When the mantle plume rises to the base of the lithosphere, the pressure is low enough to permit partial melting of the plume material, producing mafic magma. Heat carried by the mantle plume may also melt rock adjacent to the plume. The magma rises and feeds hotspot volcanoes. The lithospheric plate above the mantle plume is moving across the plume, so a chain of hotspot volcanoes can result as existing hotspot volcanoes are slowly moved away from the mantle plume, and new volcanoes form in the lithosphere.
Many shield volcanoes are associated with mantle plumes, including those that make up the Hawai’ian islands. All of the Hawai’ian volcanoes are related to the mantle plume that currently lies beneath Mauna Loa, Kilauea, and Lōʻihi (Figure 11.35, top). There is evidence of crustal magma chambers beneath all three active Hawai’ian volcanoes. At Kīlauea, the magma chamber appears to be several kilometres in diameter, and is situated between 8 km and 11 km below surface (Lin et al., 2014). In this area, the Pacific Plate is moving northwest at a rate of about 7 cm/year. This means that the earlier formed — and now extinct — volcanoes have now moved well away from the mantle plume. The hotspot has in fact been present for at least 85 million years (Regelous et al., 2003), as evidenced by the long chain of eroded and submerged mountains stretching to the Aleutian Trench (Figure 11.35, bottom).
Kīlauea Volcano is approximately 300 ka old, while neighbouring Mauna Loa Volcano is over 700 ka and Mauna Kea Volcano is over 1 Ma. If volcanism continues above the Hawaii mantle plume in the same manner that it has for the past 85 Ma, it is likely that Kīlauea Volcano will continue to erupt for at least another 500,000 years. By that time, its neighbour, Lōʻihi Seamount, will have emerged from the sea floor, and its other neighbours, Mauna Loa and Mauna Kea, will have become significantly eroded, like their cousins, the islands to the northwest.
Large Igneous Provinces (LIPs)
While the Hawaii mantle plume has produced a relatively low volume of magma for approximately 85 Ma, other mantle plumes are less consistent, and some generate massive volumes of magma over relatively short time periods. Although their origin is still controversial, it is thought that the volcanism leading to large igneous provinces (LIPs) is related to very high volume but relatively short duration bursts of magma from mantle plumes. An example of an LIP is the Columbia River Basalt Group, which extends across Washington, Oregon, and Idaho in the United States (Figure 11.36). This volcanism, which covered an area of about 160,000 km2 with basaltic rock up to several hundred metres thick, took place between 17 and 14 Ma.
The mantle plume that is assumed to be responsible for the Columbia River LIP is now situated beneath the Yellowstone area, where it leads to felsic volcanism. Over the past 2 Ma, three very large explosive eruptions at Yellowstone have yielded approximately 900 km3 of felsic magma. This is approximately 900 times the volume of the 1980 eruption of Mt. St. Helens, but only 5% of the volume of mafic magma in the Columbia River LIP.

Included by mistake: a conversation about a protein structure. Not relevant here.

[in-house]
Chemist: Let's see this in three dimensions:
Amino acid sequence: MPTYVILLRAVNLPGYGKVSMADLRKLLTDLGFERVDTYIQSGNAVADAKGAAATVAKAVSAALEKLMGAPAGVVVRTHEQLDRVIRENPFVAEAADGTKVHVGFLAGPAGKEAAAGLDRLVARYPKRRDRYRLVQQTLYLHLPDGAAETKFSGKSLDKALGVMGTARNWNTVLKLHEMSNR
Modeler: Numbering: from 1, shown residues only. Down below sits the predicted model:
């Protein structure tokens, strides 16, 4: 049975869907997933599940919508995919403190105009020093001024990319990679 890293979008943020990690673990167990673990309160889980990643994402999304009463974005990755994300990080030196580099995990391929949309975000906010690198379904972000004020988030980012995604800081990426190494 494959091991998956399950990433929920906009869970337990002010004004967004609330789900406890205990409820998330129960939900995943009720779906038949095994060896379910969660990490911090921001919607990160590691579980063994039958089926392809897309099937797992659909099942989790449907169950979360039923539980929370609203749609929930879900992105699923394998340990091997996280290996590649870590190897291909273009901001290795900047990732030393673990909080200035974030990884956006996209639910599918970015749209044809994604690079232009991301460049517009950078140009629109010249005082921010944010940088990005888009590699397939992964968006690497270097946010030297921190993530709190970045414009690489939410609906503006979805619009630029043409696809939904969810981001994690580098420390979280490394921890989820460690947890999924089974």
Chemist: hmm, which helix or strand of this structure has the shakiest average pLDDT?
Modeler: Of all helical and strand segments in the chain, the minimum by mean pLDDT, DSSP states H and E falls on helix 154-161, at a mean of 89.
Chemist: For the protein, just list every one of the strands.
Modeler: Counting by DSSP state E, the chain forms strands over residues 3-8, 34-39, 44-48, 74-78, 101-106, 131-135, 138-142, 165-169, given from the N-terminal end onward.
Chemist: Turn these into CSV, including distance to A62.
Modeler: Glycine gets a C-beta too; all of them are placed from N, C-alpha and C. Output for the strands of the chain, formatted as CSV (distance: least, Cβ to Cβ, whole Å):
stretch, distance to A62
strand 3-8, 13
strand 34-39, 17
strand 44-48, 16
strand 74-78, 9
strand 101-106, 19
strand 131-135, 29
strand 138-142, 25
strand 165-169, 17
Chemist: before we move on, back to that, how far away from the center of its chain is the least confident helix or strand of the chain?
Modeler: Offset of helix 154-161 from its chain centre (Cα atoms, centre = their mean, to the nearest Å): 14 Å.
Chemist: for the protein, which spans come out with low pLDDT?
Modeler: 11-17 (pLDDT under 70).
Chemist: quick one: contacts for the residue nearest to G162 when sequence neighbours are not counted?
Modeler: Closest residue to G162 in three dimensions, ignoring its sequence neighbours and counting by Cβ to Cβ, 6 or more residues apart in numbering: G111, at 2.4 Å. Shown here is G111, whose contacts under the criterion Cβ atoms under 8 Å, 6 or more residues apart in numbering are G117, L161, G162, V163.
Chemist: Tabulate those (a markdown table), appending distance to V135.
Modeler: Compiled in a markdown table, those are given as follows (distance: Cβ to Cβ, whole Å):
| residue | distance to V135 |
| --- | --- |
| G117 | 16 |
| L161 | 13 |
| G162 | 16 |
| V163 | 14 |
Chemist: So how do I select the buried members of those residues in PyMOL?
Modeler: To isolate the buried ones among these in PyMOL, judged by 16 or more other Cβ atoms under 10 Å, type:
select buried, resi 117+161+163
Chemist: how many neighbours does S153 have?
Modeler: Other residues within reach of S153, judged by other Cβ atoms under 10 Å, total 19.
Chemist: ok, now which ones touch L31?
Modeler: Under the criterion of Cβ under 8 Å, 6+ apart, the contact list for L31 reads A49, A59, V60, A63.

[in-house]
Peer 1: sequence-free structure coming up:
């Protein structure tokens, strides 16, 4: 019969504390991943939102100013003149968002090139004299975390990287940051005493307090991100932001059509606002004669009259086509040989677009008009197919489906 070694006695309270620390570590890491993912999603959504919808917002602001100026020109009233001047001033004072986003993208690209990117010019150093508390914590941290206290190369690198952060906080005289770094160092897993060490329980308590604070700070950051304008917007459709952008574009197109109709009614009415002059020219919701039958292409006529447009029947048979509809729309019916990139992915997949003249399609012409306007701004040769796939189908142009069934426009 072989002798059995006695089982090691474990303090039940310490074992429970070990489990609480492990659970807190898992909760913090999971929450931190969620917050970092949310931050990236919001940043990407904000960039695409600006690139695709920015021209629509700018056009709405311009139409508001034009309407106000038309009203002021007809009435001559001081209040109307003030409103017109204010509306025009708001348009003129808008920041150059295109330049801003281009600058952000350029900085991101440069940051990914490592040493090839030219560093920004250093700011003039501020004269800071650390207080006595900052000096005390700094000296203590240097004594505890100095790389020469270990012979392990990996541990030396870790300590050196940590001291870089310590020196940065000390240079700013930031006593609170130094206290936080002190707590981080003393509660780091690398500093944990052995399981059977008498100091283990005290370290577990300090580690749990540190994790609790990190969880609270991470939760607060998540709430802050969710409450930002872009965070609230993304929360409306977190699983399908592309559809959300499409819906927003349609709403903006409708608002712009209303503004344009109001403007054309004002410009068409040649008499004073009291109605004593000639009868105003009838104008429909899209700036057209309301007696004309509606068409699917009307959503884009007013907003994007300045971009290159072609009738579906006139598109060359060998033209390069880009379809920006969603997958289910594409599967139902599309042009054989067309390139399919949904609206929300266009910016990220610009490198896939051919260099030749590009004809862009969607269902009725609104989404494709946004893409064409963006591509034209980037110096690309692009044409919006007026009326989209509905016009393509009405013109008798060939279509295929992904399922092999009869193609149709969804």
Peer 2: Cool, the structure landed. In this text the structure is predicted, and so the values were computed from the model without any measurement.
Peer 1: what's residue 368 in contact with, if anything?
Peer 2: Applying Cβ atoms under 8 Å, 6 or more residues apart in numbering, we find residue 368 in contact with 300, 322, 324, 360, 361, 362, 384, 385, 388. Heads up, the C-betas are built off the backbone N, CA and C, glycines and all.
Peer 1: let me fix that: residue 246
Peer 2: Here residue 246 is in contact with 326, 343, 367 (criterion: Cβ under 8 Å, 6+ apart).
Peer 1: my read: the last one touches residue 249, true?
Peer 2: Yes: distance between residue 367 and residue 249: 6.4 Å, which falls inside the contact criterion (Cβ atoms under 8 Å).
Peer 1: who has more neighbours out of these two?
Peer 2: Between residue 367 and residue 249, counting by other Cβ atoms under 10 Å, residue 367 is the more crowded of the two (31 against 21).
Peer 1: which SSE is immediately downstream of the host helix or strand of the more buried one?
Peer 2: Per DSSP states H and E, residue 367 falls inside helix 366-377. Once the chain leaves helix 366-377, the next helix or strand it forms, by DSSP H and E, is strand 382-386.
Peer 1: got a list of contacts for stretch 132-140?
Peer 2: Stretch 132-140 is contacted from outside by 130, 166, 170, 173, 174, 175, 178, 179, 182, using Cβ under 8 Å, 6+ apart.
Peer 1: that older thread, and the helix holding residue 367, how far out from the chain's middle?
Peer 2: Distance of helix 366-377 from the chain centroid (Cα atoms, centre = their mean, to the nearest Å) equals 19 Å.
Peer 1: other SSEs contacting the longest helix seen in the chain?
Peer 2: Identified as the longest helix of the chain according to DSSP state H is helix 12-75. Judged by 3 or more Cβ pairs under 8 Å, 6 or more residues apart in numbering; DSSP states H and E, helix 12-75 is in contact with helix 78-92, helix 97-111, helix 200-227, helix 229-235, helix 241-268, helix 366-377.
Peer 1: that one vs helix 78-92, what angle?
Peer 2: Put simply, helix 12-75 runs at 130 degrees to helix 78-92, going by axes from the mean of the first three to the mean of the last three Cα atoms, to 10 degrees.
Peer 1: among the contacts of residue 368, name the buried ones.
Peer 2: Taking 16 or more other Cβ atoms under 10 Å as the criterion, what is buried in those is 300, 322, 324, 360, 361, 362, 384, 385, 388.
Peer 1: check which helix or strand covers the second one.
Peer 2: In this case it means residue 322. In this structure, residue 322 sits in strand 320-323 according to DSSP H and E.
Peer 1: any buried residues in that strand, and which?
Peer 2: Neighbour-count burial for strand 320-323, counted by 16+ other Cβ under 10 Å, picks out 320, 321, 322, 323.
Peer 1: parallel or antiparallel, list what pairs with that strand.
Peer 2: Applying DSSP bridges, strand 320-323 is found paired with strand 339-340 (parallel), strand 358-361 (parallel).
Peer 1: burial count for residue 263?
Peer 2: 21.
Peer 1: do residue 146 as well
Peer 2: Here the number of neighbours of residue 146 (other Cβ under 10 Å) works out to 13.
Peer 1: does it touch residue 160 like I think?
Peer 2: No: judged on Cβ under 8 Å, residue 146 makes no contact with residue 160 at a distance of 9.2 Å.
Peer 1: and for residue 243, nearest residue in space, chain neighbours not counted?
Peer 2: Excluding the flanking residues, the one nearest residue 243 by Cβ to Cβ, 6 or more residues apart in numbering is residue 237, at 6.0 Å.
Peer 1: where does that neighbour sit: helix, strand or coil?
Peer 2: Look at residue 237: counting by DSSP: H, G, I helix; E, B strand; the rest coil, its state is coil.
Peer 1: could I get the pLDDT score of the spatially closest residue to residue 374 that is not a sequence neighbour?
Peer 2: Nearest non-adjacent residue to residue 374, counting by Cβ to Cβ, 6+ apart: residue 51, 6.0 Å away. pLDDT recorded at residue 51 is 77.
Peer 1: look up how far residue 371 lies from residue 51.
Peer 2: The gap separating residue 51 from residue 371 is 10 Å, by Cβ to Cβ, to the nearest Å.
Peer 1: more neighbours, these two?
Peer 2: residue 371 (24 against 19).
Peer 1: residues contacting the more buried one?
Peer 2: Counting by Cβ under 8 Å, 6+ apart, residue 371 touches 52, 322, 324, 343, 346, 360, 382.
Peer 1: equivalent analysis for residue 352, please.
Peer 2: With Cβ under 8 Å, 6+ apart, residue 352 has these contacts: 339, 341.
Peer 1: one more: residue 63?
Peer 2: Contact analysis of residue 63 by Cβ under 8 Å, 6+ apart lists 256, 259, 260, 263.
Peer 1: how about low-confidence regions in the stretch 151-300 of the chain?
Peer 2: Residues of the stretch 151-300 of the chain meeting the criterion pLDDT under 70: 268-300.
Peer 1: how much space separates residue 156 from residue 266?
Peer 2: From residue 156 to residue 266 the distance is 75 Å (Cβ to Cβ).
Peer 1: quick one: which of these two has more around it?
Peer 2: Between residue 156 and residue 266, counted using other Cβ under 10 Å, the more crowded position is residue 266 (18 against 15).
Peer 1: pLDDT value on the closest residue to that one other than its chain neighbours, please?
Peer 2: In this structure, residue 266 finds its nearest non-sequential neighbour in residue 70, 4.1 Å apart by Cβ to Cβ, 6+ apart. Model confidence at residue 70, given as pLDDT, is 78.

Most other LIP eruptions are much bigger. The Siberian Traps (also basalt), which erupted at the end of the Permian period at 251 Ma, are estimated to have produced approximately 40 times as much lava as the Columbia River LIP. The largest known LIP is the Ontong Java Plateau, located in the southwest Pacific Ocean. It formed at around 122 Ma, and presently covers 1,500,000 km2 and has a volume of 5,000,000 km3. But this is only a small fraction of its original size. The majority of it has been subducted, and it may have been split into pieces that have been classified as separate LIPs.
Kimberlite pipes are carrot-shaped cones of ultramafic rock. They form from the explosive eruption of mantle plumes originating at depths of 150 to 450 km in the mantle. The plume makes its way to the surface quickly (over hours to days), having little interaction with the surrounding rocks, and thus preserving a sample of the ultramafic mantle. As the plume nears the surface, a build-up of gas causes it to pick up speed, and by the time it reaches the surface it may be travelling faster than the speed of sound. The explosiveness of kimberlite eruptions means that they do not form volcanic mountains on the surface, but leave circular holes in the ground.
Kimberlite eruptions that originate at depths greater than 200 km beneath old, thick, continental crust travel through the region of the mantle where diamond is stable. In some cases, such as in Saskatchewan and the Northwest Territories, kimberlites bring diamond-bearing material to the surface. All of Earth’s diamond deposits are thought to have originated in this way.
Diamond mines in kimberlites, such as the Ekati Mine in the Northwest Territories, are easy to spot by the characteristic circular hole that develops as miners excavate the cone-shaped structure (Figure 11.37). The kimberlites at Ekati erupted between 45 and 60 Ma. Many kimberlites are older, and some much older. There have been no kimberlite eruptions in historic times. The youngest known kimberlites are in the Igwisi Hills in Tanzania and are only about 10,000 years old. The next youngest date to approximately 30 Ma.
Kiser, E., Palomeras, I.,Magma reservoirs from the upper crust to the Moho inferred from high-resolution Vp and Vs models beneath Mount St. Helens, Washington State, USA. Geology (44)6, 411-414.
Lin, G, Amelung, F, Lavallee, Y, and Okubo, P. (2014). Seismic evidence for a crustal magma reservoir beneath the upper east rift zone of Kilauea volcano, Hawaii. Geology, 42(3), 187-190. DOI: 10.1130/G35001.1
Regelous, M., Hofmann, A. W., Abouchami, W., & Galer, S. J. G. (2003) Geochemistry of lavas from the Emperor Seamounts, and the geochemical evolution of Hawaiian magmatism from 85 to 42 Ma. Journal of Petrology 44(1), 113-140. DOI: 10.1093/petrology/44.1.113 view PDF
U. S. Geological Survey, Volcano Hazards Program (n.d.). Indian Heaven Volcanic Field visit website
U. S. Geological Survey, Volcano Hazards Program (n.d.). Mount St. Helens: 1980 Cataclysmic Eruption visit website